The Yankees rode their big horse all the way to the ninth inning, and then handed the ball to the best postseason reliever of all time, while the Angels handed them two gift runs that would be all the ballclub from the Bronx would need to go up 1-0 in the ALCS. The rain stayed away, and although it was a cold weather game, only the wind was really a factor.
Jeter got the scoring started in the first, with one of his patented Jeterian hits to right field. He moved to third when Johnny Damon went the other way to drop a single into left in front of former Yankee Juan Rivera. Mike Scoscia looked like he wanted to bust a vein when Rivera threw the ball in badly, allowing Damon to go to second. John Lackey bore down and got a harmless pop off the bat of Teixeira, but then came Alex Rodriguez.
With his resurgent play this postseason, corwin and I have taken to saying “Here comes that man again,” every time he comes to the plate. Because more often than not, he does something good. This time it was a sac fly to center, scoring Jeter and bringing Matsui to the plate. Matsui popped up, too, but the wind was whipping, perhaps leading to some confusion as the ball dropped untouched on the infield. Damon scored all the way from second to make it 2-0.
The Angels got a run in the fourth when Vlad Guerrero cracked a ball that should have landed in the bullpen, but the wind knocked it down so that it fell on the warning track for a double instead. (My brother texted me from the cheesesteak line at the Stadium to say he thought it was blowing at least 20 mph.) Kendry Morales brought him in with a base hit, but that would be the only run that CC Sabathia would allow. By the end of the night, the Halos tallied only four hits total, Vlad’s double the only extra base hit. CC walked only one and struck out six.
Overall, the heart of the Angels’ order was 2 for 11 on the night with one walk, with Torii Hunter almost beating out a throw to first that had Scoscia out of the dugout to argue. The ball was fielded in front of the mound by Sabathia, who fired to Teixeira, who only got the ball by virtue of a textbook split stretch, where only his tippy toe was touching the bag. Replays on FOX showed the tippy toe. (Tippy toe is a technical term, you know.)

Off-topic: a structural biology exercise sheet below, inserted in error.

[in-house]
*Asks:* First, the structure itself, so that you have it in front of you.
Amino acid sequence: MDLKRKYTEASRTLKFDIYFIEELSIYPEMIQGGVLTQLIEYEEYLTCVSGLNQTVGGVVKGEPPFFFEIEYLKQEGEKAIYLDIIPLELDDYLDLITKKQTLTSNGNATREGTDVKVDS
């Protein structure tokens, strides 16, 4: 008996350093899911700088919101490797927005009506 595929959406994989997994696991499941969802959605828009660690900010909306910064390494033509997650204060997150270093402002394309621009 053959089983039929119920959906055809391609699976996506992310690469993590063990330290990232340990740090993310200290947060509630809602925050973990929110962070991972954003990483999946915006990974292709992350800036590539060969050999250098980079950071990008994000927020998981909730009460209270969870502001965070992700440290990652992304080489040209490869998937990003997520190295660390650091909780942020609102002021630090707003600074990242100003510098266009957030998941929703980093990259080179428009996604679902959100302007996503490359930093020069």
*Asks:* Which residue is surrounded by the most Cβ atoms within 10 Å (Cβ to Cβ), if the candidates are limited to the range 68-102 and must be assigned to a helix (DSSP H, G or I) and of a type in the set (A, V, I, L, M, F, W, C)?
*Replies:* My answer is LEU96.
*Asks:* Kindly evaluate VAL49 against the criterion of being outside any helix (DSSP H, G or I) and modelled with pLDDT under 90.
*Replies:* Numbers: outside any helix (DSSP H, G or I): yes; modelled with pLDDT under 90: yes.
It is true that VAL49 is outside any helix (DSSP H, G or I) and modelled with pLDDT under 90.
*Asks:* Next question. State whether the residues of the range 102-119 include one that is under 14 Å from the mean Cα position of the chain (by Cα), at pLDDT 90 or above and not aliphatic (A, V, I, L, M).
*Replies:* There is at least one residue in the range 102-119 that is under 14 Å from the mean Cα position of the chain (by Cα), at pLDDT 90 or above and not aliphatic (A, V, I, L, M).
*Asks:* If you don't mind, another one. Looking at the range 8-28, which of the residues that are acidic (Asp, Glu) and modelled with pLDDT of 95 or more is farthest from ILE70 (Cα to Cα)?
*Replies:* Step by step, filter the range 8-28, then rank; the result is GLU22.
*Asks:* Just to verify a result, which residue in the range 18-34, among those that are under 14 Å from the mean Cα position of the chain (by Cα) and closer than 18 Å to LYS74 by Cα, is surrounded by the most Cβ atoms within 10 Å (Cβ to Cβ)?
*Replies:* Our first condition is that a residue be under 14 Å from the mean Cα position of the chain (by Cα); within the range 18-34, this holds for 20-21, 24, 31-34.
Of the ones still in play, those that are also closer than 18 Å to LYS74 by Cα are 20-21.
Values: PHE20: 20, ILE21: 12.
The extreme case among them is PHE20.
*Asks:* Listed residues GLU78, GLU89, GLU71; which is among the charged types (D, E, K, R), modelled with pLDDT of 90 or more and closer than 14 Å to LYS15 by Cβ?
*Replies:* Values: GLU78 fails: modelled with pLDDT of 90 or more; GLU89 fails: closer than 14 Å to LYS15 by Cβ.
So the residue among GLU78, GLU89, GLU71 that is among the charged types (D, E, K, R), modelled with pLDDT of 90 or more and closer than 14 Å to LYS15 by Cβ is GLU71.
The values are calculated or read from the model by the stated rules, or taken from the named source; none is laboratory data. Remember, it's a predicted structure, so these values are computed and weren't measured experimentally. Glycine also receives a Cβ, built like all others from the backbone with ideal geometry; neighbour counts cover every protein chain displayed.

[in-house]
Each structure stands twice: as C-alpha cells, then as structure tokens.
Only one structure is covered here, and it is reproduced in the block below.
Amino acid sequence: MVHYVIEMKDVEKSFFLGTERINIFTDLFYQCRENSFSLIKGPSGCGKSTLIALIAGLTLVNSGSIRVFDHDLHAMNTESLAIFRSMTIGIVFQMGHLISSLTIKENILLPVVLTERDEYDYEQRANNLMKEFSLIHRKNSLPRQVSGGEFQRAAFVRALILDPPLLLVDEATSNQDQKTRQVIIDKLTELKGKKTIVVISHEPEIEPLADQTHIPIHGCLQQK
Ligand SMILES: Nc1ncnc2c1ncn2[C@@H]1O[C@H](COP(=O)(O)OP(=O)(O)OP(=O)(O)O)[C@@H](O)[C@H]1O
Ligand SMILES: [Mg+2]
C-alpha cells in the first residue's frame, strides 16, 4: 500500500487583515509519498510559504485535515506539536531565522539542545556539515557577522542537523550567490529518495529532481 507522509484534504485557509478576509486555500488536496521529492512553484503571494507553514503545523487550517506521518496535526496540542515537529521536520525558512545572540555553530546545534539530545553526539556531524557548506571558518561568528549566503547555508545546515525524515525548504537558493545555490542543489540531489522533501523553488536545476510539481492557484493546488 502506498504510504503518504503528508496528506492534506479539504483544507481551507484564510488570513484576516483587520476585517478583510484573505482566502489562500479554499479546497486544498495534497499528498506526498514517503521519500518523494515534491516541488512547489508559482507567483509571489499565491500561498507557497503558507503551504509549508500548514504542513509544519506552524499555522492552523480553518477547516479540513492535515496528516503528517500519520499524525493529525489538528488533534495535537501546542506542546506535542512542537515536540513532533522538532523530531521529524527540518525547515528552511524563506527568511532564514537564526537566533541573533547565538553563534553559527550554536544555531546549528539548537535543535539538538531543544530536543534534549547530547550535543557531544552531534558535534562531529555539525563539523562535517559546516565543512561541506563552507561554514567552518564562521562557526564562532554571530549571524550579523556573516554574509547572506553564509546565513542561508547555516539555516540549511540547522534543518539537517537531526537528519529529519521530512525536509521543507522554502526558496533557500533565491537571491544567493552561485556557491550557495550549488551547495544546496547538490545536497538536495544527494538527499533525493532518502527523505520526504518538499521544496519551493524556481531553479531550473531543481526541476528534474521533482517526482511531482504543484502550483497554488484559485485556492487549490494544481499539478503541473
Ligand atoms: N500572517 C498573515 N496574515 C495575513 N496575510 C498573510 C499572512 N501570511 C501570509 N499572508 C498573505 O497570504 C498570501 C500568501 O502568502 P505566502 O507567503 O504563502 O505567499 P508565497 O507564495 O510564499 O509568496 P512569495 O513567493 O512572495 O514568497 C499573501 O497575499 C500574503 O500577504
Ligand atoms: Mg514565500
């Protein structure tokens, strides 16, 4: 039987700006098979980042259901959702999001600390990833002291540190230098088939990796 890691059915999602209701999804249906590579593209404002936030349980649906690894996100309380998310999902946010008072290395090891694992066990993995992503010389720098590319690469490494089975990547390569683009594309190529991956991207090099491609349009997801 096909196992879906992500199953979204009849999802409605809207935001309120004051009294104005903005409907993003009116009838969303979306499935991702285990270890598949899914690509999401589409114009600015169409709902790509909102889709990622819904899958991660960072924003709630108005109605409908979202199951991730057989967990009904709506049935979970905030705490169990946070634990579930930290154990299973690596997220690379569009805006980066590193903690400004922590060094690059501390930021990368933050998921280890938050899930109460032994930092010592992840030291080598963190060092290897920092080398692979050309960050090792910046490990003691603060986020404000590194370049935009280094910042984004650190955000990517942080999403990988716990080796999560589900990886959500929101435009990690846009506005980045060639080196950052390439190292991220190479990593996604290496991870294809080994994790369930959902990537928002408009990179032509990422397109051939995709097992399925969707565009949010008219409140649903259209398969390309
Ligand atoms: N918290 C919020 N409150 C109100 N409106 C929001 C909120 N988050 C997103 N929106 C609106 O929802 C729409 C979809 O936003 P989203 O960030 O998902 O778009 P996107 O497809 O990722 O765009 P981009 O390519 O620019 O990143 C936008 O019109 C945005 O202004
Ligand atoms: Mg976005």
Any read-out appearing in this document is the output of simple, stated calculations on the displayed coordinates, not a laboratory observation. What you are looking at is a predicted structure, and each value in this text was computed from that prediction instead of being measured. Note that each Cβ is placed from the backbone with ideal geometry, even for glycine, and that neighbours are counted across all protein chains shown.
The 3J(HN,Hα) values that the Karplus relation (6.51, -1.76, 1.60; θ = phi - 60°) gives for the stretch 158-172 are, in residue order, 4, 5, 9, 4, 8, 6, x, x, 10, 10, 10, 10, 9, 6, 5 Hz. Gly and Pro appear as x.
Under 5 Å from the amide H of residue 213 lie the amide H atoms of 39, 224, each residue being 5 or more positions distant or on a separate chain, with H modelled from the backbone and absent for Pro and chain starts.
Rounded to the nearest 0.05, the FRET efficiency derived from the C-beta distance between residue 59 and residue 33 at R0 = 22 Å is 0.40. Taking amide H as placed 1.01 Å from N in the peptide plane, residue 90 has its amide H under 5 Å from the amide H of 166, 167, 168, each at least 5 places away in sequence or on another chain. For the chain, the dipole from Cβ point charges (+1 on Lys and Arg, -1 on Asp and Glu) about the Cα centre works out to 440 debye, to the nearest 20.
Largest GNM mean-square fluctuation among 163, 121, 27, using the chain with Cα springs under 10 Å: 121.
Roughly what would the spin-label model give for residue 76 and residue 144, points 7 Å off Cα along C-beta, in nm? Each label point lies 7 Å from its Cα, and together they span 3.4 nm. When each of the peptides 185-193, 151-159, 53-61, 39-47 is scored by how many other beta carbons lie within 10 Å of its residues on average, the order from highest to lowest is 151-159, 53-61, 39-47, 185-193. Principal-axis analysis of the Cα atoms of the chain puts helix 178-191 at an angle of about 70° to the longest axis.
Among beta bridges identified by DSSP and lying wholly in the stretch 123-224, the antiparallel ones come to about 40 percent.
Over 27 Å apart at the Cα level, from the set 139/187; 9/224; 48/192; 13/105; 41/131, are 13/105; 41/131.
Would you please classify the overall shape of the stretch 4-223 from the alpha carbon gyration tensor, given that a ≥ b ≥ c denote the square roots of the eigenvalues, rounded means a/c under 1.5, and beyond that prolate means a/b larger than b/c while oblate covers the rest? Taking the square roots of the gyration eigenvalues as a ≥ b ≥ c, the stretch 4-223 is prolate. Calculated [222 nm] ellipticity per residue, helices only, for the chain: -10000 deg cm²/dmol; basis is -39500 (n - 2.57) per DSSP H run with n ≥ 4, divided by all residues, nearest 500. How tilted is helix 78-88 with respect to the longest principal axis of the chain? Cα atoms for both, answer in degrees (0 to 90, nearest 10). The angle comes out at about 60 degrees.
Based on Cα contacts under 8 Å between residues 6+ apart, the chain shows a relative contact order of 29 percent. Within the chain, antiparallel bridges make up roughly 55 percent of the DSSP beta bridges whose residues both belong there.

Lackey was good, too, but not as good with his defense faltering behind him. Damon led off the fifth with a double, another hit to the opposite field, and then Matsui knocked him in. In the sixth, with two outs, Melky worked a walk, then moved to second on Lackey’s own throwing error when he threw a pickoff away. Jeter brought him in right away with an RBI hit that ended Lackey’s night. He threw 114 pitches in 5.2 innings, 4 runs, 2 earned, striking out three and walking three.
Meanwhile, CC’s pitch count was at only 80 pitches after six, 98 pitches after seven. The Yankees had a long inning in the seventh, mounting a faux rally as pitcher Scott Bulger walked two and hit a batter to load the bases, only to come back and strike out Nick Swisher. (Swisher has looked off throughout this postseason so far, in that he seems to be swinging at bad pitches–ones he would normally take.) All through the long inning, CC stayed on the bench, his hands in his jacket pockets, waiting to go back out for the 8th. He had a 1-2-3 eighth, ending the night with 115 pitches.
The only reason I would question why it might have been better to go to Hughes in the eighth is that the Yankees plan to pitch Sabathia in game 4 on three days rest, so why push him to his limit? But perhaps it was better to just make sure this one was in the bag.
Which was what Mo Rivera did in his 80th postseason appearance. It took him a batter to shake off the rust, walking Torii Hunter to lead off the inning, but the next three batters went down relatively easily, in yet another postseason save.
Now if only the rain will hold off for Saturday’s game, too, and hopefully the Yankees will have the same result.
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